If you live in the United States, England, or Wales you know what today is. It it is the Feast of the Rant that today is not Ascension Thursday. Last year the Bishops of England and Wales joined the U.S. in moving the Ascension to Sunday so I welcome those who live their to commiserate with us. On the "Feast of the Rant that today is not Ascension Thursday" it is traditional for bloggers in these countries to gripe about the movement of this feast especially newer bloggers who have not yet posted on this subject. Though if you live in Bishop Bruskewitz’s diocese than today is a Holy Day of Obligation.
Though I think we should add a new tradition to the "Feast of the Rant that today is not Ascension Thursday" in that those who do not already go to Daily Mass go to Mass today anyway. You really don’t need any special reason to want to go to the Holy Sacrifice of the Mass, but if you need one then celebrating the Ascension with the rest of the Catholic world is a nice bit of solidarity. Joana Bogle also suggests going to Mass today. This is the only type of Mass protest that is acceptable. It would be wonderful if more and more people each year did choose to go to Mass today and celebrate with the rest of the universal Church and lead by example so perhaps the bishops were led by this example and rethink the minimum weekly dose of Catholicism mentality. You know – we can’t expect you to make a sacrifice to go to the Holy Sacrifice of the Mass. In between rants perhaps we can even pray for our bishops today.
For those bishops who think the laity can’t be bothered with going to Mass two times within a week I have but one thing to say to you – Ash Wednesday.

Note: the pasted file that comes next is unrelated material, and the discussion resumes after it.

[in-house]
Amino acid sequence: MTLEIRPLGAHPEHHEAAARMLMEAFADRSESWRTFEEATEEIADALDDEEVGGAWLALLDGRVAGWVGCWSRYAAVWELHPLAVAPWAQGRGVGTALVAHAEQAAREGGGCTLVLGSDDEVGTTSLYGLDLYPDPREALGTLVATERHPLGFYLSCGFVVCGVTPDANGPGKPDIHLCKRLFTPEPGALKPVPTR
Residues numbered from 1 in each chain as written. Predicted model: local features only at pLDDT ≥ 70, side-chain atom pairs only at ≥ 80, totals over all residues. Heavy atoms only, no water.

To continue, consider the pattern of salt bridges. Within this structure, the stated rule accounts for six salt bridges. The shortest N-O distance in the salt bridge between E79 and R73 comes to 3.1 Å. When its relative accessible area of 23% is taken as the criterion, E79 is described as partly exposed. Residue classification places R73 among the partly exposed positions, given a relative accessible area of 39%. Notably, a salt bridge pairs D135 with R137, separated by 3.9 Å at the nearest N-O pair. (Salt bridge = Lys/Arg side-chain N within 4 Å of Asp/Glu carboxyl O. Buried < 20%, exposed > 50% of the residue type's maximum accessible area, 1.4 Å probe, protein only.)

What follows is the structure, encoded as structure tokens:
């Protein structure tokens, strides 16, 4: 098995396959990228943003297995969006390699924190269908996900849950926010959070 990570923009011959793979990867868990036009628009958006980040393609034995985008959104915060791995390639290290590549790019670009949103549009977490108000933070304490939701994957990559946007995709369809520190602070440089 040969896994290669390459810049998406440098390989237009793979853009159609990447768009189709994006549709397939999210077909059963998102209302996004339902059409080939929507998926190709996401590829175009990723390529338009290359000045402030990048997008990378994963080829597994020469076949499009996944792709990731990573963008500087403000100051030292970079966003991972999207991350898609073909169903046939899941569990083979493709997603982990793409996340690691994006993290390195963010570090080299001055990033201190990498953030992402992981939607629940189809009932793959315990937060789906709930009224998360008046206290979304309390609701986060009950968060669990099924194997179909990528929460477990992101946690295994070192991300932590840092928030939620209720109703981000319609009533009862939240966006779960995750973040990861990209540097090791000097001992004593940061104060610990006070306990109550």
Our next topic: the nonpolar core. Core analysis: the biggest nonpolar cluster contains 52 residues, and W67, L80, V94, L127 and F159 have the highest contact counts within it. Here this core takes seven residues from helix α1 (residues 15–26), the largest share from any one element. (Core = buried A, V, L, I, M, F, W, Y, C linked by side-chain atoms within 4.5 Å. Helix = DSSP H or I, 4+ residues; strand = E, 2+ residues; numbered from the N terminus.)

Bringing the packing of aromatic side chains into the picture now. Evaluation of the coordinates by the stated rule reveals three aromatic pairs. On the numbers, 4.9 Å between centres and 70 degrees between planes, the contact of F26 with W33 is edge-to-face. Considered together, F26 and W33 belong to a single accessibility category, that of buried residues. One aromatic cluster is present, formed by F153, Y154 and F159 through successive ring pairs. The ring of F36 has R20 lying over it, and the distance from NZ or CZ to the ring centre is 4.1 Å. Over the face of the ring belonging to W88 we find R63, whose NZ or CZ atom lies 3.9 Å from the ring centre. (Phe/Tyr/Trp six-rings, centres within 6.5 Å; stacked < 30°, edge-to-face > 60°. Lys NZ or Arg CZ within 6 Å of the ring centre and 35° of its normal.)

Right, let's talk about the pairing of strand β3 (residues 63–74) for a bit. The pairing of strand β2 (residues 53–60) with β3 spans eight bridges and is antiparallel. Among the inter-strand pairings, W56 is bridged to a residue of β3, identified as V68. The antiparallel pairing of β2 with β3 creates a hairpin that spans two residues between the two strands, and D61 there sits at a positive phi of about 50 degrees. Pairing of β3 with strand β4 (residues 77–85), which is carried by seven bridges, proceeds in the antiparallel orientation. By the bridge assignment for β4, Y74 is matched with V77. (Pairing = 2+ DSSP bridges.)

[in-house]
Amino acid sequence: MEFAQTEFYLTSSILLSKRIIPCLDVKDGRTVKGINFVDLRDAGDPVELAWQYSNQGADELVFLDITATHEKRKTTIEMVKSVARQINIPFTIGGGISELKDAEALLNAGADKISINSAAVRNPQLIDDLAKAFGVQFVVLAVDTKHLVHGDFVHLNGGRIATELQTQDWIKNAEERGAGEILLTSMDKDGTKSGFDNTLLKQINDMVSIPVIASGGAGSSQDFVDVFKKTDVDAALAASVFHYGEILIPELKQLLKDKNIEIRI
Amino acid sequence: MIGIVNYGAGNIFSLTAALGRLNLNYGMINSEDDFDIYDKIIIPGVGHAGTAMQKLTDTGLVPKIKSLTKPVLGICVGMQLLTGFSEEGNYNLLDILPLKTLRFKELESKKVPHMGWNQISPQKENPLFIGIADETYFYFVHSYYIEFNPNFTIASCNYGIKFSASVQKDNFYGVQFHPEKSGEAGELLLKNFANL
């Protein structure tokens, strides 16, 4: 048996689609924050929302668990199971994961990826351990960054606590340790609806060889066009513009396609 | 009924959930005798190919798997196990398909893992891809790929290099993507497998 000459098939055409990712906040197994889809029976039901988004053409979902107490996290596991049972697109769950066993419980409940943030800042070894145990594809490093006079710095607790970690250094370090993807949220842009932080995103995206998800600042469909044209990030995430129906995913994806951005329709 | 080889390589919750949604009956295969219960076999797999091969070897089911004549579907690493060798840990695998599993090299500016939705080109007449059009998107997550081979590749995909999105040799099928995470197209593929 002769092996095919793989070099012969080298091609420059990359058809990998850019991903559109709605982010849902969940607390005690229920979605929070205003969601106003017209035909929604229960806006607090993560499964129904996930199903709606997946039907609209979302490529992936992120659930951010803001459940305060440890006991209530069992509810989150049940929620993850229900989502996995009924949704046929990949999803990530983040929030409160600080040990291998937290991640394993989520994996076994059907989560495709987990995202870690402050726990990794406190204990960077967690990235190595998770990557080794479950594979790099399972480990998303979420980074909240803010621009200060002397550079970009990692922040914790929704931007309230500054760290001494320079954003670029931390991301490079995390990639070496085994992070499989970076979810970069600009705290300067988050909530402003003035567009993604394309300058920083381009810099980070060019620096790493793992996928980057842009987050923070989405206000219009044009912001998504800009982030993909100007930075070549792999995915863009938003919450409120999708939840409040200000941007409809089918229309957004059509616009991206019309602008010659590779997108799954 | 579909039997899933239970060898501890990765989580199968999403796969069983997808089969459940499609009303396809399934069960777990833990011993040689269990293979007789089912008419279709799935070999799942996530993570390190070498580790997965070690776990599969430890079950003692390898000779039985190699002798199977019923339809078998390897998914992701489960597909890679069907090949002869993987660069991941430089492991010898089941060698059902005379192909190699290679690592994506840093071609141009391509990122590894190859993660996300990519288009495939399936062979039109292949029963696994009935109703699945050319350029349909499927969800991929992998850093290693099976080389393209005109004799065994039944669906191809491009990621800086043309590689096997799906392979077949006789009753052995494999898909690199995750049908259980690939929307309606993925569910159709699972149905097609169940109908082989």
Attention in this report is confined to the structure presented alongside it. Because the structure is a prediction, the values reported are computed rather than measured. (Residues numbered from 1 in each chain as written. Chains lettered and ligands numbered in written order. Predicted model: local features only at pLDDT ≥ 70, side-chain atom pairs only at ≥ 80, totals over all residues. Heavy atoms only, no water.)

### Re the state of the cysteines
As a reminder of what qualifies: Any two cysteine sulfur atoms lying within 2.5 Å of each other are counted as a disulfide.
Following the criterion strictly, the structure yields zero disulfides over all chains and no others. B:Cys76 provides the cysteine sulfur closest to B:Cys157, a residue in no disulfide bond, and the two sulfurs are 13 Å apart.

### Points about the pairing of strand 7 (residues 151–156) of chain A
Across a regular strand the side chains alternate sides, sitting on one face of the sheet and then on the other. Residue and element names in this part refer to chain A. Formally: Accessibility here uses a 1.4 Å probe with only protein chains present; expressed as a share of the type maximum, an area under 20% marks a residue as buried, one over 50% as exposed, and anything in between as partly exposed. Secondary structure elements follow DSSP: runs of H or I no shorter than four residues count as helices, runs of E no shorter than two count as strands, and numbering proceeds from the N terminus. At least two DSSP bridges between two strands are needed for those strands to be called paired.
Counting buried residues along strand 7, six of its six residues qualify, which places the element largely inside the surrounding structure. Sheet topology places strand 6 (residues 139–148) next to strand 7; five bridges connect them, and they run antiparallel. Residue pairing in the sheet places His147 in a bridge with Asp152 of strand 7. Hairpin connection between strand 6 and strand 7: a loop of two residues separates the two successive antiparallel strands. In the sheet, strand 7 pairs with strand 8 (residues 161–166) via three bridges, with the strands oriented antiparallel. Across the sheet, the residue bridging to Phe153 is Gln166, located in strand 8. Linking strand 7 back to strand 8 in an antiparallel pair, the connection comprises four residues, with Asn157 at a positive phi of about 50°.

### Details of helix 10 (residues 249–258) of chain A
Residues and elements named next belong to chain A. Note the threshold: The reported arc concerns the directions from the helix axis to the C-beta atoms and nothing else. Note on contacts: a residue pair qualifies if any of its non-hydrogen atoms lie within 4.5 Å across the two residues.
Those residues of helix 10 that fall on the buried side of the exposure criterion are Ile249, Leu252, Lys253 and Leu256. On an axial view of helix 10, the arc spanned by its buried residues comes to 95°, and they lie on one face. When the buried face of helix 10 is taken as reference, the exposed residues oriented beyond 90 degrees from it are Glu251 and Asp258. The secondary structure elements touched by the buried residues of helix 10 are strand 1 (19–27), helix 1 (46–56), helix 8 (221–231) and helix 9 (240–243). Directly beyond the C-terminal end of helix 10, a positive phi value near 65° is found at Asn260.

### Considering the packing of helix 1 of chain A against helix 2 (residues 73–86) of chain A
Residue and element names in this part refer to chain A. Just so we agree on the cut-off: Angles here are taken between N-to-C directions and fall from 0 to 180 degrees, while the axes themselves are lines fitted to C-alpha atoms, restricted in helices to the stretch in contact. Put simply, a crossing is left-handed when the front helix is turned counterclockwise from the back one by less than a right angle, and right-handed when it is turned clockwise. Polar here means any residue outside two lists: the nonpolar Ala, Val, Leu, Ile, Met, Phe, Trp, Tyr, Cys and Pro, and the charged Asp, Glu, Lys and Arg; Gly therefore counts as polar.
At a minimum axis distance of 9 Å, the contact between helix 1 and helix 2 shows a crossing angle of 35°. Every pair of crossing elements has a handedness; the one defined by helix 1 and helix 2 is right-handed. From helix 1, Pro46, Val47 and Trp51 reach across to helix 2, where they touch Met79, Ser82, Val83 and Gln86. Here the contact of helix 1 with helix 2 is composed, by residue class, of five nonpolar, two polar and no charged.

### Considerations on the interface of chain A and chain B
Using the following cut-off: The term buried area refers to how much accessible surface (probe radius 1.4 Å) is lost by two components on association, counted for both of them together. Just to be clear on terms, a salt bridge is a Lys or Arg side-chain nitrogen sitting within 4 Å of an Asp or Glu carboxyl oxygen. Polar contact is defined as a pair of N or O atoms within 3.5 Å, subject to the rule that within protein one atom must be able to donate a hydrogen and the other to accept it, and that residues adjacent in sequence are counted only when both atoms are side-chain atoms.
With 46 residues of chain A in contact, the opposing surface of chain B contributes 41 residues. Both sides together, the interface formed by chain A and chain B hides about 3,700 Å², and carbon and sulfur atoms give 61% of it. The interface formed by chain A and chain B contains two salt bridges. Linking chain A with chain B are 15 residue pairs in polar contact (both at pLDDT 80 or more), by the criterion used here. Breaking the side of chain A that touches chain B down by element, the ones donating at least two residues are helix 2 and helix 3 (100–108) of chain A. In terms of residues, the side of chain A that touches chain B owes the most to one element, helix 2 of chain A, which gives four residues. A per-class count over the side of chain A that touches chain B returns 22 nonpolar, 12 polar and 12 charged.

Now for both a lighter and deeper tone here is what I think is an appropriate paragraph from the Holy Father’s wonderful new book Jesus of Nazareth in the chapter on the Our Father prayer p. 150.
And in this light, we now understand that Jesus himself is "heaven" in the deepest and truest sense of the world — he in whom and through with God’s will is wholly done. Looking at him, we realize that left to ourselves we can never be completely just: The gravitational pull of our own will constantly draws us away from God’s will and turns us into mere "earth." But he accepts us, he draws us up to himself, into himself, and in communion with him we too learn God’s will. Thus, what we are ultimately praying for in the third petition of the Our Father is that we come closer and closer to him, so that God’s will can conquer the downward pull of our selfishness and make us capable of the lofty heights to which we are called.
So let us today also ascend in prayer and resist "The gravitational pull of our own will" or as Chesterton said (and the Pope also quoted last year) "Angels can fly because they can take themselves lightly."